Prior to the start of the regular season, two projections were common among journalists, analysts and fans alike: The New England Patriots would dominate en route to what likely will be the AFC's best record while the New York Jets would be in the race for the number one overall pick in next year's draft. So far, those projections have not materialized themselves.
Five weeks into the season, the Patriots and their division rivals from New York both sit at 3-2. On Sunday, the two teams will meet at the Jets' MetLife Stadium in what is one of the marquee matchups of week six – a game that might have a big influence on the two teams' respective seasons and their standing in the AFC East. But how did it come to this when nearly all preseason projections unanimously predicted something else?
According to Patriots head coach Bill Belichick the answer is simple: “Well, they've played good complementary football,” he said during a conference call on Tuesday. Belichick echoed those remarks during Wednesday's first press conference of the week: “The Jets are playing very well. This is three weeks in a row they've really gone out and played well in all three phases of the game.”
“They're young, they're hungry, they play a game that forces you to beat them. They don't make a lot of mistakes.” On Tuesday, Belichick was asked about what stood out from the Jets and he noted that they are “a good team” before digging deeper earlier today: “Offensively, Coach [John] Morton's done a good job of getting everybody involved in the offense. The tight ends have been productive. The backs have been productive. The receivers and quarterbacks are really playing well.”
“[Morton]'s gotten a lot out of everybody and they move it around, so you really can't just try to stop one guy because everybody gets involved. Everybody gets the ball and they've all been productive with it,” Belichick said. New England's head coach also praised quarterback Josh McCown for “playing extremely well, completing all of his passes” (actually, 71.4%, the second-best number in the NFL). “If you make a mistake he'll make you pay for it.”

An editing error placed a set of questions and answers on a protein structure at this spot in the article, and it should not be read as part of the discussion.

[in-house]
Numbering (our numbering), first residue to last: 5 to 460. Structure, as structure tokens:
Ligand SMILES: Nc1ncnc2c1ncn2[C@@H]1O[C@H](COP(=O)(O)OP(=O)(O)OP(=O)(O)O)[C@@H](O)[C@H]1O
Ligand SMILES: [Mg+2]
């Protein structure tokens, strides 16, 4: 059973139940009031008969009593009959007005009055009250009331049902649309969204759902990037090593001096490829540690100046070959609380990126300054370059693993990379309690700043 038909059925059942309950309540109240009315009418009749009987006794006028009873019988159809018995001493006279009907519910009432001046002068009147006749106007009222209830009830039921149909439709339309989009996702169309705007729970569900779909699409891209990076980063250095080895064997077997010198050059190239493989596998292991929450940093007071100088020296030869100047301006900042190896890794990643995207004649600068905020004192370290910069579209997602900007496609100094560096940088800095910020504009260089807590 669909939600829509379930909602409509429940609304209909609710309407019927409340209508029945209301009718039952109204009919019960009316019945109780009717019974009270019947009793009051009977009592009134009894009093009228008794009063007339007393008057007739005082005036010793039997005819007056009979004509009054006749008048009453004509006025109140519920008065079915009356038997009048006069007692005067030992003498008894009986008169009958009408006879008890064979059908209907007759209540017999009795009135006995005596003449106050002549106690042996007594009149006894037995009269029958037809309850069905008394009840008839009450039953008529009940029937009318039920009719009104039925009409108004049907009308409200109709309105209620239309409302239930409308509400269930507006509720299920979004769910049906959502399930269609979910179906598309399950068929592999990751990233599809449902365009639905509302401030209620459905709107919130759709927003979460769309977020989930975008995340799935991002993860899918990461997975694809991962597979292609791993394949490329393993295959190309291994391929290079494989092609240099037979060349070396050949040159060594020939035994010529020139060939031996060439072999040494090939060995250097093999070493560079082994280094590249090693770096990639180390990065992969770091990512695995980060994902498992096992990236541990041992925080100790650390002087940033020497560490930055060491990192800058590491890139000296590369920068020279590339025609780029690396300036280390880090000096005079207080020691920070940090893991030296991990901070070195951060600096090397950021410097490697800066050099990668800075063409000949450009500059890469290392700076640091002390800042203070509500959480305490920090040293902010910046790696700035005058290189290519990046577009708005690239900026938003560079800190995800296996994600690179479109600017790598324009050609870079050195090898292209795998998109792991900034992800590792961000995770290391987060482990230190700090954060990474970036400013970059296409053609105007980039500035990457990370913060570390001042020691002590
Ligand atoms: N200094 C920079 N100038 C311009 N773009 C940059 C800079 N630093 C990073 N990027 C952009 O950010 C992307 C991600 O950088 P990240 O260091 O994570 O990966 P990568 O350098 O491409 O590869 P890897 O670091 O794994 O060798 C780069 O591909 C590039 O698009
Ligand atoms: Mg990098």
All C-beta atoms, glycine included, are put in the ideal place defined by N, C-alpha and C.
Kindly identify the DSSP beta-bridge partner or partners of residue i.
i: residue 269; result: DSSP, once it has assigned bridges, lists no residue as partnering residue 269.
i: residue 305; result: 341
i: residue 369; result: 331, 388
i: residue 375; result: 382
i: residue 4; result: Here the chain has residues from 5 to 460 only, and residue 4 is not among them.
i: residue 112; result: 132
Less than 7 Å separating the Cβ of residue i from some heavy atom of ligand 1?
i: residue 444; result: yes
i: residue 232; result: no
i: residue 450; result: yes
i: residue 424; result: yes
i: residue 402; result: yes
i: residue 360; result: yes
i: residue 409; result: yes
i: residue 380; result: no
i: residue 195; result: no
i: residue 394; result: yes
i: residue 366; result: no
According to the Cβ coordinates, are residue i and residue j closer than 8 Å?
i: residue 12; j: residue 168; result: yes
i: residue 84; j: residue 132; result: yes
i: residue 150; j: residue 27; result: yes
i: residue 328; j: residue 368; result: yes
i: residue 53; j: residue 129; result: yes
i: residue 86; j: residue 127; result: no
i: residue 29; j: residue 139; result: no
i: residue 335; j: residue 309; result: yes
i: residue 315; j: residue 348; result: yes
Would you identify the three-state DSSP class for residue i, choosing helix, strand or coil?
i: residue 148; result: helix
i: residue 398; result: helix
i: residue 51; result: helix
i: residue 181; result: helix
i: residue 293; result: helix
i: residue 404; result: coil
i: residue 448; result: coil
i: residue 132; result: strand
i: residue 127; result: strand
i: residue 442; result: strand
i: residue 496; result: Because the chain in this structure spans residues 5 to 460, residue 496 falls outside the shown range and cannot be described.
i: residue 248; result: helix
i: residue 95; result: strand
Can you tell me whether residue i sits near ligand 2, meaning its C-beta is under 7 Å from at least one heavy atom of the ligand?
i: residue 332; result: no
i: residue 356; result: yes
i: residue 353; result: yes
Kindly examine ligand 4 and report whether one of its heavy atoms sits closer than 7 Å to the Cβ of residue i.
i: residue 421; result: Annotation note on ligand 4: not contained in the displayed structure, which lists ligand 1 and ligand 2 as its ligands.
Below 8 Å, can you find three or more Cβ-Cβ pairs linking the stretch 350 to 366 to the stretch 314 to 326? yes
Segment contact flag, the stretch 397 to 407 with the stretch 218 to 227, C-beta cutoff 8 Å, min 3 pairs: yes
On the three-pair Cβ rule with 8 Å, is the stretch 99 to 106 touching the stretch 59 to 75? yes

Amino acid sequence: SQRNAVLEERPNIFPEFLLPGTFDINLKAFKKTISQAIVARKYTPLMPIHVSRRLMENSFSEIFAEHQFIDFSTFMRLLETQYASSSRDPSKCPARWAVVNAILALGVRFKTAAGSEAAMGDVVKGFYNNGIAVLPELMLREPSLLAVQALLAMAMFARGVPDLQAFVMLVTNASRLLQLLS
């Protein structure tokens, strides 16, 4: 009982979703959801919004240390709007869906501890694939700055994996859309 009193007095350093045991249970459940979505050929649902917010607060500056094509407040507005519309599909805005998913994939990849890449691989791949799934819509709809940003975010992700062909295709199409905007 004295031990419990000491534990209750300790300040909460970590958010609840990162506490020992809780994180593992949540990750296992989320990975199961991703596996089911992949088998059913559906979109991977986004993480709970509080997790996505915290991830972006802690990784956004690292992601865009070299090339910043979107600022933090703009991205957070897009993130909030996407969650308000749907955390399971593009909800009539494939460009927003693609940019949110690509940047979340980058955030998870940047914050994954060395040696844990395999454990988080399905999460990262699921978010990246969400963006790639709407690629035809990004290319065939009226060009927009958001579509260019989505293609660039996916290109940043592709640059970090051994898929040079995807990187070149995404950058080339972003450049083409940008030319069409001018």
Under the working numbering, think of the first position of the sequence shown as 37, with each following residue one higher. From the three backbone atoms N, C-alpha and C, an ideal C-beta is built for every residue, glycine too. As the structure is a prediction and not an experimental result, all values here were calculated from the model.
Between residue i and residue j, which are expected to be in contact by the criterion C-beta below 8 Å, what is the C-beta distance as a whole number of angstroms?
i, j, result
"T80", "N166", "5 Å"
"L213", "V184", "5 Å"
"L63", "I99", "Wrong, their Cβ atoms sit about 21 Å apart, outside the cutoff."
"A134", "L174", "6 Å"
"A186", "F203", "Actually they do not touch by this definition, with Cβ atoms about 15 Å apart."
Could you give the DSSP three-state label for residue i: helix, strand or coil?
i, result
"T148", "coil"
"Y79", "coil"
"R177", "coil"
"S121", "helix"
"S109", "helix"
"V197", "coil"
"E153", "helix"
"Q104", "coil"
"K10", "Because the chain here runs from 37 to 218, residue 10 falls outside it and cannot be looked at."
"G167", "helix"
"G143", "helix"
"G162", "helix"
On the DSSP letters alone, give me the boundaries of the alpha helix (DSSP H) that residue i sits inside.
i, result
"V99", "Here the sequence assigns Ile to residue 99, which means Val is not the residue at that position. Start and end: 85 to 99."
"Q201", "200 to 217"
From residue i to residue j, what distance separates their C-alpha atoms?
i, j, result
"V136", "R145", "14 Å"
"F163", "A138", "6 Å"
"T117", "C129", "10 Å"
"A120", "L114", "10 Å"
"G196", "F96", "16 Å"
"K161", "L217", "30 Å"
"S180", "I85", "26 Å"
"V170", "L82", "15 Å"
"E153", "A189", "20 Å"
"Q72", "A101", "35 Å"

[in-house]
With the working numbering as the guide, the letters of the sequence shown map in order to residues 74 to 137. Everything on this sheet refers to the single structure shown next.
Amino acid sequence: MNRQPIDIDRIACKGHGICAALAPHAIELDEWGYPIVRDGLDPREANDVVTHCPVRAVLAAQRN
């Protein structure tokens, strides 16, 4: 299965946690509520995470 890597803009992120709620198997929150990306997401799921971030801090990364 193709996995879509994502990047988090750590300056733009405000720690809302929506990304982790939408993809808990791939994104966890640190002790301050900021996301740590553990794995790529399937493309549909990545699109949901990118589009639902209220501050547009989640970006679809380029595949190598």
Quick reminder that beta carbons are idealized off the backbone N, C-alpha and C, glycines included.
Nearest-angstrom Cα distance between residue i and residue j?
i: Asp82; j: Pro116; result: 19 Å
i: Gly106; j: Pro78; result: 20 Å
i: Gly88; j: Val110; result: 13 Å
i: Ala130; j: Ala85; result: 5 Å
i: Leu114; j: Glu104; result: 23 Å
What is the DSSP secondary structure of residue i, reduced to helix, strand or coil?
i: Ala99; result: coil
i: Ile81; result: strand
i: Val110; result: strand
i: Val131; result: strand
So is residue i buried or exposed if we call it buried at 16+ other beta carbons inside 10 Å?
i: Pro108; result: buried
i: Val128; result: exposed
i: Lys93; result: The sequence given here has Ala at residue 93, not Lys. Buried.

“Defensively,” Belichick pointed out on Tuesday, “good team speed, athletic. They have some tough players to block up front and they have good speed in the back end.” During Wednesday's press conference, the head coach went into a bit more detail on what makes the Jets' defense tough to play from a schematic point of view: “They pressure, they don't pressure, they play zone, they play man. They have a real good third down package with a lot of different looks – odd, even, different blitz combinations, man, zone.”
Of course, it would not be a dissection of the opponent without Belichick talking about special teams – and as has been the case in the past, the coach went in-depth about returns, coverages and kicks. He did so on Tuesday and Wednesday and on both occasions praised New York for playing sound in the kicking game, no matter if it was returning, kicking or covering.
“Special teams – a couple of dangerous returners in [Jeremy] Kerley and [ArDarius] Stewart,” Belichick started off on Tuesday before shifting his focus on New York's coverage: “[T]heir usual strong coverage players – [Rontez] Miles, [Josh] Martin, [Julian] Stanford. [Terrence] Brooks has done a good job for them.” Belichick then went on to talk about the Jets' kickers.
“A couple of big legs with [Lac] Edwards and [Chandler] Catanzaro, long field goals, kickoffs, long punts.” New England's head coach, who famously filled the same role for the Jets for one day in January 2000, then focused on the team's punter: “Edwards has changed field position in the punting game several times this year. He did it to help them beat Jacksonville. He did it last week against Cleveland.”
Belichick speaking highly of New York's special teams units highlights not only the importance of the kicking game but also the need for the Patriots to be well-prepared in that area heading into their week six game. Luckily for New England's special teams, it projects to be at full strength for the second straight week. And as they have seen in the past (namely the two matchups in 2015 and 2016), special teams might very well be the difference – especially when playing against a well-balanced team like the Jets.
“We know what it's like to play the Jets in New York and we'll have to be at our best,” Belichick said on Wednesday. “[We have to] be ready for their good players and their schemes. They're a tough team to prepare for.” Preseason predictions be damned.